The new wind farm, Reynosa I, is to be inaugurated in the northern state of Tamaulipas today. Part of a wider project of new wind energy circuits within the country, it is set to become the largest wind farm in Mexico as well as one of the largest in Latin America when it officially begins working this December. Today’s inauguration will be attended by Mexico’s Energy Secretary, Pedro Joaquin Coldwell, as well as the Governor of Tamaulipas, Francisco Garcia Cabeza de Vaca.
According to El Universal the project is being overseen by the company Zuma Energia and is just one of the seven current wind farm projects in place in the northern state. The project has also received an abundance of funding and estimates say it will supply power for up to 900,000 homes with the capability to generate 424 megawatts of energy.
The park’s commission was the result of an auction which took place at the end of 2016. Held by the country’s Energy Secretary and the National Centre for Energy Control, the contract was awarded to Zuma Energia. So far, the company already has wind projects in Oaxaca as well as solar panel developments.
The project has been funded through a variety of financial efforts totalling $600 million, and will contribute to the construction of the plant as well as provide all the supplies and installation, reported El Financiero. Set to cover a vast space of 8,000 hectares, the plant will count 123 turbines of clean wind energy when construction is completed in a few short months.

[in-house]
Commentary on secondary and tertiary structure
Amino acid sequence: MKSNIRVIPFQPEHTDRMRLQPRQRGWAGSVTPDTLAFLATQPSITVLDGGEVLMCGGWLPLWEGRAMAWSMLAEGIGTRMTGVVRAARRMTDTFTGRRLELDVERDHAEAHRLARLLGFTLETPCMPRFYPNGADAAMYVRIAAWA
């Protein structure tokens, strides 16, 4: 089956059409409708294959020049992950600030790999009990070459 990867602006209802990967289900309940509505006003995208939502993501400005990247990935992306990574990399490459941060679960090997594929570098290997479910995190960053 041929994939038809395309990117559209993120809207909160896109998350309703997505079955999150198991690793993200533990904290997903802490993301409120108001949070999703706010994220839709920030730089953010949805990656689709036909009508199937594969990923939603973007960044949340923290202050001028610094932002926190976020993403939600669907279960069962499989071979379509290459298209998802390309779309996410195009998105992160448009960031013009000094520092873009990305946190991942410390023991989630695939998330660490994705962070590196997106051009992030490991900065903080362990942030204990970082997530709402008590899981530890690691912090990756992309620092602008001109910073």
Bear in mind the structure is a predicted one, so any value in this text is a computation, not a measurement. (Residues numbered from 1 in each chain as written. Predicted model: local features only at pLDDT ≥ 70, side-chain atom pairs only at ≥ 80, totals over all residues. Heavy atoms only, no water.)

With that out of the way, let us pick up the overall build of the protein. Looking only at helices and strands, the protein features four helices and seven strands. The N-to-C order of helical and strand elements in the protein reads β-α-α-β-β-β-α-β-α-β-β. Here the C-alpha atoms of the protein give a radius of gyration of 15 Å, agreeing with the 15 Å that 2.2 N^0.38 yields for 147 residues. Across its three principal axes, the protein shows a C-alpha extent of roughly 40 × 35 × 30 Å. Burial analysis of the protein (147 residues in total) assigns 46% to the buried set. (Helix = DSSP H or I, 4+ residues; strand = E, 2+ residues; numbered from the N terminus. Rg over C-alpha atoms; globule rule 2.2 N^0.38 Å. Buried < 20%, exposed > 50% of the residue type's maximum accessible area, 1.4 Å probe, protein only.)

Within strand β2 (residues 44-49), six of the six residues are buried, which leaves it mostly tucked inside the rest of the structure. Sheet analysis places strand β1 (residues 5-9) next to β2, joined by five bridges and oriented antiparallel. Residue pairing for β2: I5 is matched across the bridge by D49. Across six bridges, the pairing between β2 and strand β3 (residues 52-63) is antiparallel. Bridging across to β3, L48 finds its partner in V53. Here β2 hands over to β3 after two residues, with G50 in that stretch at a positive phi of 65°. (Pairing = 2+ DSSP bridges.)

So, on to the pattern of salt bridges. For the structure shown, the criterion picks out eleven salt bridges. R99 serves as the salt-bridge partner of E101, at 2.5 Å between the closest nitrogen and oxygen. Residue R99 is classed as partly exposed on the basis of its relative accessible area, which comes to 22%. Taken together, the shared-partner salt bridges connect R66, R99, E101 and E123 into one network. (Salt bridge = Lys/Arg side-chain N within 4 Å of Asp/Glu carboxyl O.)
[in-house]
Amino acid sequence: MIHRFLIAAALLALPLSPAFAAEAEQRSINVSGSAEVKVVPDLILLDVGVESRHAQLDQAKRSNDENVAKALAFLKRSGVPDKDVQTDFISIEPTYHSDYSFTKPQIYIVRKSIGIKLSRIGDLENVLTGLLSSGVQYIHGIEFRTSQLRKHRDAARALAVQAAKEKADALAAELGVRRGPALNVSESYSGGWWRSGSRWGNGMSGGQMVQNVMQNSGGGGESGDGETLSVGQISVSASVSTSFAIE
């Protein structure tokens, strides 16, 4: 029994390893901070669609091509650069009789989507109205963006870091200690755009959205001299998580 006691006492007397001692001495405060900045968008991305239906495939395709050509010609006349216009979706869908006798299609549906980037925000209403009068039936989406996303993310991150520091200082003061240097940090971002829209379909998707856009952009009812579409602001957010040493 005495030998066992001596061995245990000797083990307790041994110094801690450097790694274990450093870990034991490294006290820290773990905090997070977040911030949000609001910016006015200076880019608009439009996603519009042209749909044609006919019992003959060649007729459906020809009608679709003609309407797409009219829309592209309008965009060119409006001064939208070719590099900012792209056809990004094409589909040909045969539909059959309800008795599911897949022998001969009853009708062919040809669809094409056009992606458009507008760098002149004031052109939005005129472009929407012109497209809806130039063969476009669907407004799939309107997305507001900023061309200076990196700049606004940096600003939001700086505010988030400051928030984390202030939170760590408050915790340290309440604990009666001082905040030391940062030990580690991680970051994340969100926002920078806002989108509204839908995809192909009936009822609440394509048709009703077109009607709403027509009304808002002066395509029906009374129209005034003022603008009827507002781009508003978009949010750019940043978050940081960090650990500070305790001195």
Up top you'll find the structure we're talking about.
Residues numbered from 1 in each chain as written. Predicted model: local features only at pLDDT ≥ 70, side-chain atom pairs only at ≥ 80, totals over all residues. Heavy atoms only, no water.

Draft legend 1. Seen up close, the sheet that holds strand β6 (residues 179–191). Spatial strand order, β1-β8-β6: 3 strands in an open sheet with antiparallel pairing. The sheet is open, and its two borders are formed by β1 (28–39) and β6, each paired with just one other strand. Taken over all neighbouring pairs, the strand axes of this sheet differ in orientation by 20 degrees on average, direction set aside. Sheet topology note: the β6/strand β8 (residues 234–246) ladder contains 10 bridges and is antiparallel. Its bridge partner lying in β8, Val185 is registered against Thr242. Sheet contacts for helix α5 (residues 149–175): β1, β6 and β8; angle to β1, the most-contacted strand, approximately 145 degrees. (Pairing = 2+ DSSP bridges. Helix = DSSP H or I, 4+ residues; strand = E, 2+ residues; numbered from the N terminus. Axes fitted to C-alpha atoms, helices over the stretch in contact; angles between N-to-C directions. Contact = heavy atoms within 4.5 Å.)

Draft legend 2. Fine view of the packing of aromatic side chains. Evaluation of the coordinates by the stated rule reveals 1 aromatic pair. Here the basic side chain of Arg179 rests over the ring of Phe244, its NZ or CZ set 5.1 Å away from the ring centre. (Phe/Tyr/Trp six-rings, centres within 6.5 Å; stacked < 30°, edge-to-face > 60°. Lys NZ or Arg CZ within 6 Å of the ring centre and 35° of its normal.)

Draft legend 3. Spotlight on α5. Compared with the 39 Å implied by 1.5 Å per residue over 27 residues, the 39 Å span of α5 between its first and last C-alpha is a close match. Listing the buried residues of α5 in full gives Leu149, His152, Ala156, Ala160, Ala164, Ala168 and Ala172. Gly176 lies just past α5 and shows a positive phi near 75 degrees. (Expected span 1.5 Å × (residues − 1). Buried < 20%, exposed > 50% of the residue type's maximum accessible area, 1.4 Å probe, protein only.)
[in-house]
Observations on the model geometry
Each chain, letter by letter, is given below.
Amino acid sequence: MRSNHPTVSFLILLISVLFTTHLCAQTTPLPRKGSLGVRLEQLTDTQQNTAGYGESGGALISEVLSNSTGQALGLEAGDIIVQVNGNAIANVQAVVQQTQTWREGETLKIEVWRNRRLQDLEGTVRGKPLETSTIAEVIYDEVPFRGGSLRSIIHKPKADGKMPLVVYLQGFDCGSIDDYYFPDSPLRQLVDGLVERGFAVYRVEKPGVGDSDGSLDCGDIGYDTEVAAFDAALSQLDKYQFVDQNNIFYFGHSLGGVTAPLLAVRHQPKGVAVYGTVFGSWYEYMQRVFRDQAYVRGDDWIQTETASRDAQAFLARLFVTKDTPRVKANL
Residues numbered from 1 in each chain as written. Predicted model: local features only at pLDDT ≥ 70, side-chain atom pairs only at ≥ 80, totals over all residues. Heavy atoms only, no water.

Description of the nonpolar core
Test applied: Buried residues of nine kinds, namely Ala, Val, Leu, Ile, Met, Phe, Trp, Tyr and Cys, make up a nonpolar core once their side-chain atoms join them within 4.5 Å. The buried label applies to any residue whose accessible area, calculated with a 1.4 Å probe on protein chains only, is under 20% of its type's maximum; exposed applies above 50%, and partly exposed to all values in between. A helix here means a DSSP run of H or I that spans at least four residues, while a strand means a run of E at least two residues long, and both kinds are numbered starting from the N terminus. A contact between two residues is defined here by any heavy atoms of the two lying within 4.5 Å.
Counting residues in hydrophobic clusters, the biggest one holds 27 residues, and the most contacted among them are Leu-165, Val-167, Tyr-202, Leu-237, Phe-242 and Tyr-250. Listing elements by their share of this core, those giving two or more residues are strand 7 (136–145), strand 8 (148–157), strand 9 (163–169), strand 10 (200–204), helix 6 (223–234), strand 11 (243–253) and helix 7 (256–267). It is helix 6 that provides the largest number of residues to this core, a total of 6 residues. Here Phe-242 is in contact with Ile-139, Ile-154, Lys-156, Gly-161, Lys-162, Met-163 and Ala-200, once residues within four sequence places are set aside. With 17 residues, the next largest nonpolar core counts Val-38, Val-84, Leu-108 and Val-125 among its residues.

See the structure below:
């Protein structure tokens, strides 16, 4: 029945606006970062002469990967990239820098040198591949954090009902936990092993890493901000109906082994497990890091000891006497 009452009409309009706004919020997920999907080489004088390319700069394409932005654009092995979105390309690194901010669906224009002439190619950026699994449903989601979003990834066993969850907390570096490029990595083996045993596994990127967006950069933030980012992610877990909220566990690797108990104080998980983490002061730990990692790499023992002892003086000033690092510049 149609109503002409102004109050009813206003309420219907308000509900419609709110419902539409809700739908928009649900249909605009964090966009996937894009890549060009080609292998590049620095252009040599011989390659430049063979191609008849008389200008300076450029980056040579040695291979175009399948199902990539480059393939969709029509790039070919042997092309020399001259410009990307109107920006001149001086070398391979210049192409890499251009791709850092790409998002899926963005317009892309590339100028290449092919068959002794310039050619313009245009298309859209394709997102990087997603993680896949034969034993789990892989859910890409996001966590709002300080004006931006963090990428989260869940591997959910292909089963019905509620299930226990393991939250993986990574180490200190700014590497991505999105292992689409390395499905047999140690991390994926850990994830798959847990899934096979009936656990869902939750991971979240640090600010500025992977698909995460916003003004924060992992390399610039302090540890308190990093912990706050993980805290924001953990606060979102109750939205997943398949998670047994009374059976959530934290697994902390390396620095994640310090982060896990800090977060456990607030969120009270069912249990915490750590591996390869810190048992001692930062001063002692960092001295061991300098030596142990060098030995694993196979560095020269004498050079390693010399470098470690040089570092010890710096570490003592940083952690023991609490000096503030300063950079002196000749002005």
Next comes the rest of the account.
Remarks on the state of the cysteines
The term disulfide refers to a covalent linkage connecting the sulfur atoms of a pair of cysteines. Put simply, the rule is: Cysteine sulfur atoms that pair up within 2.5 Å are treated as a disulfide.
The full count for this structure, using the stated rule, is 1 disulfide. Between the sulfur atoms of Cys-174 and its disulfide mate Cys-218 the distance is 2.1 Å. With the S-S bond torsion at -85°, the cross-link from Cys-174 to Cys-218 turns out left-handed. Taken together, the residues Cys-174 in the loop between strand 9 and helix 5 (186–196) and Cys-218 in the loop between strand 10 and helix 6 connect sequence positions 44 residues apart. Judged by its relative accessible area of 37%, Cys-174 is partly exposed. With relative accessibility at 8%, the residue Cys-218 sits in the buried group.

Today’s inauguration marks a continuous push towards greener energy solutions within the country. Reynosa I will also eventually be joined by three other wind farms Reynosa II, Reynosa III and Reynosa IV. Alongside Zuma Energia, there are several other companies involved in wind farm construction across the country such as Enel Green Power Mexico, a company that has been identified as the largest renewable energy company in Mexico.
There is currently a vast energy transformation taking place in Mexico, which has seen the country take a leading global position in renewable energy production. The result of a number of new laws which outline plans to use 50% renewable energy sources in the country by 2050, it has also inspired a number of other countries such as Argentina and Chile to launch their own clean energy initiatives. Reynosa I alone is believed to prevent almost 739,000 tonnes of CO2 being emitted into the atmosphere.
Although Mexico’s President-elect has proposed that the country constructs two new oil refineries in order to boost the economy, Mexico’s renewable energy drive is a nod to an awareness of green energy benefits. It is predicted that the renewable energy sector is only set to grow around the globe as further effects of fossil fuel usage become evident around the world.
Despite marked efforts for green energy, according to a study by CNBC, Mexico fails to make it into the top ten countries that produce the most wind energy. Leading the study, China has remained the world’s largest producer since 2009 and joins the U.S, Germany and India as renewable leaders.